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Investigators also noted that higher rates of infection were observed in Black patients.
A recent cohort study from Michigan found several risk factors for COVID-19 that persisted as mortality risk factors among Medicare patients receiving regular maintenance dialysis.
Among these risks were nursing home status, time on dialysis, congestive heart failure, diabetes, and comorbidity burden.
Additionally, higher rates for the virus were observed among Black patients in the study, though attenuated survival differences were observed between Black and non-Black patients.
Investigators led by Richard A. Hirth, PhD, University of Michigan School of Public Health, cited a need for studies to evaluate such risk factors among the entire Medicare long-term dialysis population through Medicare claims data.
Hirth and colleagues based their retrospective, claims-based cohort study on contractual work that was performed for the Centers for Medicare & Medicaid Services (CMS) to support kidney disease quality measure development and maintenance.
The study population was formed by all Medicare patients who received long-term dialysis in 2020 that were derived from the CMS clinical and administrative databases.
Patients were considered to be on Medicare if they were enrolled in Medicare Advantage, had at least $1200 in Medicare-paind dialysis claims, or had 1 or more Medicare inpatient claims in a given month or the 2 prior months.
Patients in this group would be followed on January 1, 2020, and for at least 90 days after.
From there, investigators compared mortality trends in 2020 with historic trends that were detailed from 2013 to 2019. The ream derived monthly empirical hazards for all-cause mortality including number of deaths and number at risk.
Being at risk was defined as being a Medicare patient, assigned to a facility, and receiving dialysis, while for a patient death to be attributed to the mortality hazards, the patient must have been at risk on the day they died.
From there, COVID-19 diagnoses were identified through inpatient, outpatient, skilled nursing, home health, hospice, and physician/supplier claims.
Several patient demographic and clinical characteristics were identified by the patients’ medical evidence forms including age, sex, race, ethnicity, body mass index, years receiving dialysis and 13 comorbidities at end-stage-kidney disease (ESKD).
Among the 498,169 Medicare patients undergoing dialysis, 60,090 (12.1%) had been infected with the COVID-19 virus during the study.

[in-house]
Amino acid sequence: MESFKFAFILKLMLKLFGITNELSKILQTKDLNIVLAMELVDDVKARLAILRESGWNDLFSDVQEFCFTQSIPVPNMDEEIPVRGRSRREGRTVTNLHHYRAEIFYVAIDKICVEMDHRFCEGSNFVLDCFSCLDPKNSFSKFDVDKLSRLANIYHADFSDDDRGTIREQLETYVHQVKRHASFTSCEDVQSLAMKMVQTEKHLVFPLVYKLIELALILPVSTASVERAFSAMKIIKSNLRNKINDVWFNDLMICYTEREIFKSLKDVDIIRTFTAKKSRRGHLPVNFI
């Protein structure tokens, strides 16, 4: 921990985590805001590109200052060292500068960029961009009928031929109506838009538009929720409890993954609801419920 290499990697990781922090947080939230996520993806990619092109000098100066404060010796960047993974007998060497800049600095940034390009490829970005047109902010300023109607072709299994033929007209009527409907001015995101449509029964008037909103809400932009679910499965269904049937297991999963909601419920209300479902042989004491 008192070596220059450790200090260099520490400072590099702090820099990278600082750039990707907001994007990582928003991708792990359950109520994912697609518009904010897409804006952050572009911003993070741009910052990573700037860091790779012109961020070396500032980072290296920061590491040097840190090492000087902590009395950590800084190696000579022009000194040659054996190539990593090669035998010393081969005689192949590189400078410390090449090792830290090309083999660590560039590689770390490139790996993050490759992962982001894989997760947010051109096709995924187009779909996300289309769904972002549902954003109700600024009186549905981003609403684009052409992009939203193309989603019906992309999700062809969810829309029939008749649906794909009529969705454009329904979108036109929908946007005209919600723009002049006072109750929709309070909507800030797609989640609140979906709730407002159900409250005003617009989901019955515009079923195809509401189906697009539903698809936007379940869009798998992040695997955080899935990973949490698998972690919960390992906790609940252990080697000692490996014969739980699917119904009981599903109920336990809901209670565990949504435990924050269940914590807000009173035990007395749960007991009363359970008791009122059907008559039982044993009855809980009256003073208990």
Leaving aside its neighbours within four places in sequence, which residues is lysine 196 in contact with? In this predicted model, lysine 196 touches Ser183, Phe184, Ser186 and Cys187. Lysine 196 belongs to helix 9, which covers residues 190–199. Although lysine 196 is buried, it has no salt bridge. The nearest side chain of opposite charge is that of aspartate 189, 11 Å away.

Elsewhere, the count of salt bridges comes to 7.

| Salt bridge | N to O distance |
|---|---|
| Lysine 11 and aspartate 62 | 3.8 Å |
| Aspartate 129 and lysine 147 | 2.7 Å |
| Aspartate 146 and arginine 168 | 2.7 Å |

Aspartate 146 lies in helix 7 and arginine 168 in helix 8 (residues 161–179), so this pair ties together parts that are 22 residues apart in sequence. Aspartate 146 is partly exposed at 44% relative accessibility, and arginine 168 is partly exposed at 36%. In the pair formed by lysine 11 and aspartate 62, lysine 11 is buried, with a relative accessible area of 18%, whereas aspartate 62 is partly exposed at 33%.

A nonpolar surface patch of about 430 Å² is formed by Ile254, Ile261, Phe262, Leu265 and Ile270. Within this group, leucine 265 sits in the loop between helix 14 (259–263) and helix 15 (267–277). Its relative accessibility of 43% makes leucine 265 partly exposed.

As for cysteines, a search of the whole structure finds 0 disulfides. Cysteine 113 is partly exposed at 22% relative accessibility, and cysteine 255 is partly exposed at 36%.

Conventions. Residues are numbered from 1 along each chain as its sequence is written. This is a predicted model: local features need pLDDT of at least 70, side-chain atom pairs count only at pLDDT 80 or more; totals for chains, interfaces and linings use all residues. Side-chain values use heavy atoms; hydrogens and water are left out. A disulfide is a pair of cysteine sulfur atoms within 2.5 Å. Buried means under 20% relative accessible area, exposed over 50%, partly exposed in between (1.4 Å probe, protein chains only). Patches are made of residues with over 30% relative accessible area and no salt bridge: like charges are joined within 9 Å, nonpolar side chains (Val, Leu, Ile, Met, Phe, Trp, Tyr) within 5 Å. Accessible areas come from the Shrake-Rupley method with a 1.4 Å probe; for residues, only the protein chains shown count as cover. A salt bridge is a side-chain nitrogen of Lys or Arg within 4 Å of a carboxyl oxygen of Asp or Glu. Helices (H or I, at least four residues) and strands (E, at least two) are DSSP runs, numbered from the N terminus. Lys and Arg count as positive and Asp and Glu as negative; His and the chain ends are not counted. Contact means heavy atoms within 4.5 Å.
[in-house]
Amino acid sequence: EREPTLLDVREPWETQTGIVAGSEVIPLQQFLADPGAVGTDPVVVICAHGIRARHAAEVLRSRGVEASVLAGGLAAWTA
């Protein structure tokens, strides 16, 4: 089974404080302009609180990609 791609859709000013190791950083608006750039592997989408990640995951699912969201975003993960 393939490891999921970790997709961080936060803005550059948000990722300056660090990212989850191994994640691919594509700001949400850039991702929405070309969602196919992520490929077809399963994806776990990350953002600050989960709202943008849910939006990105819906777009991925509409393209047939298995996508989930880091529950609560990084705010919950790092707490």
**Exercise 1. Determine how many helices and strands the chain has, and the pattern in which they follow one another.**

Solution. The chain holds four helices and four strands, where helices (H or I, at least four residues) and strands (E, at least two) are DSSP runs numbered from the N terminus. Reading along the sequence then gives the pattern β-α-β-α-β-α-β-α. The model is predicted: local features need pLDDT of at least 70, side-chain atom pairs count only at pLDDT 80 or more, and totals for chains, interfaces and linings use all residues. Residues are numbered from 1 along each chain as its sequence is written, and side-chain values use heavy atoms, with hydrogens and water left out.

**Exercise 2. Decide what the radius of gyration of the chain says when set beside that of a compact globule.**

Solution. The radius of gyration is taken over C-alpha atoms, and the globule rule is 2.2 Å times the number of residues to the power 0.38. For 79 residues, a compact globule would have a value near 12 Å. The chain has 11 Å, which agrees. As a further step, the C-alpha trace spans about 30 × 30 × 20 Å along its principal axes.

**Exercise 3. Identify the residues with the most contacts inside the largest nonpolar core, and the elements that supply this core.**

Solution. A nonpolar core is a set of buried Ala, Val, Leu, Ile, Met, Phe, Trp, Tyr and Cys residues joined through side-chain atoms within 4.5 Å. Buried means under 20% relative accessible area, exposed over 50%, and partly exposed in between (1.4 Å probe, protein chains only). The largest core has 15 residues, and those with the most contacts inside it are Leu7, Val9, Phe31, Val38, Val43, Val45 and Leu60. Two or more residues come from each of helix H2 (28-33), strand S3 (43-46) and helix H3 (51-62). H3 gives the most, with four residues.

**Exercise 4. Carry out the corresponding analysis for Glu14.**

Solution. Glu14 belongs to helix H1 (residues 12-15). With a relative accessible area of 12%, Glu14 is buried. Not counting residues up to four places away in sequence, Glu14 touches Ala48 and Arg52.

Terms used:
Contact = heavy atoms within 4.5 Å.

Investigators noted that COVID-19 rates were higher among Black (21 787 of 165 830 Black patients [13.1%] vs 38 303 of 332 339 non-Black patients [11.5%]) and Hispanic (13 530 of 86 871 Hispanic [15.6%] vs 46 560 of 411 298 non-Hispanic patients [11.3%]) patients.
They added that the most prominent differences in COVID-19 rates were observed between patients with short nursing home stays and extended nursing home stays compared with patients who did not receive nursing home care in the prior year (14%, 35.6%, and10.1%, respectively).
Residing in a nursing home 1 to 89 days in the prior year was associated with a higher hazard for COVID-19 (hazard ratio [HR] vs 0 days, 1.60; 95% CI 1.56-1.65) and for postdiagnosis mortality (HR, 1.31; 95% CI, 1.25-1.37), when adjusting for all risk factors.
Residing in a nursing home for an extended stay was also associated with increased risk of infection.
Finally, home dialysis was associated with higher mortality as well as lower COVID-19 rates.
To our knowledge, this cohort study is the first national study using CMS claims data to evaluate COVID-19 outcomes in the Medicare dialysis population using all available 2020 data through December 2020,” the team wrote. “These results improve our understanding of COVID-19 and complications in this high-risk population and could inform policy decisions to mitigate the added burden of COVID-19 and death.”
The study, “COVID-19 Risk Factors and Mortality Outcomes Among Medicare Patients Receiving Long-term Dialysis,” was published online in JAMA Open Network.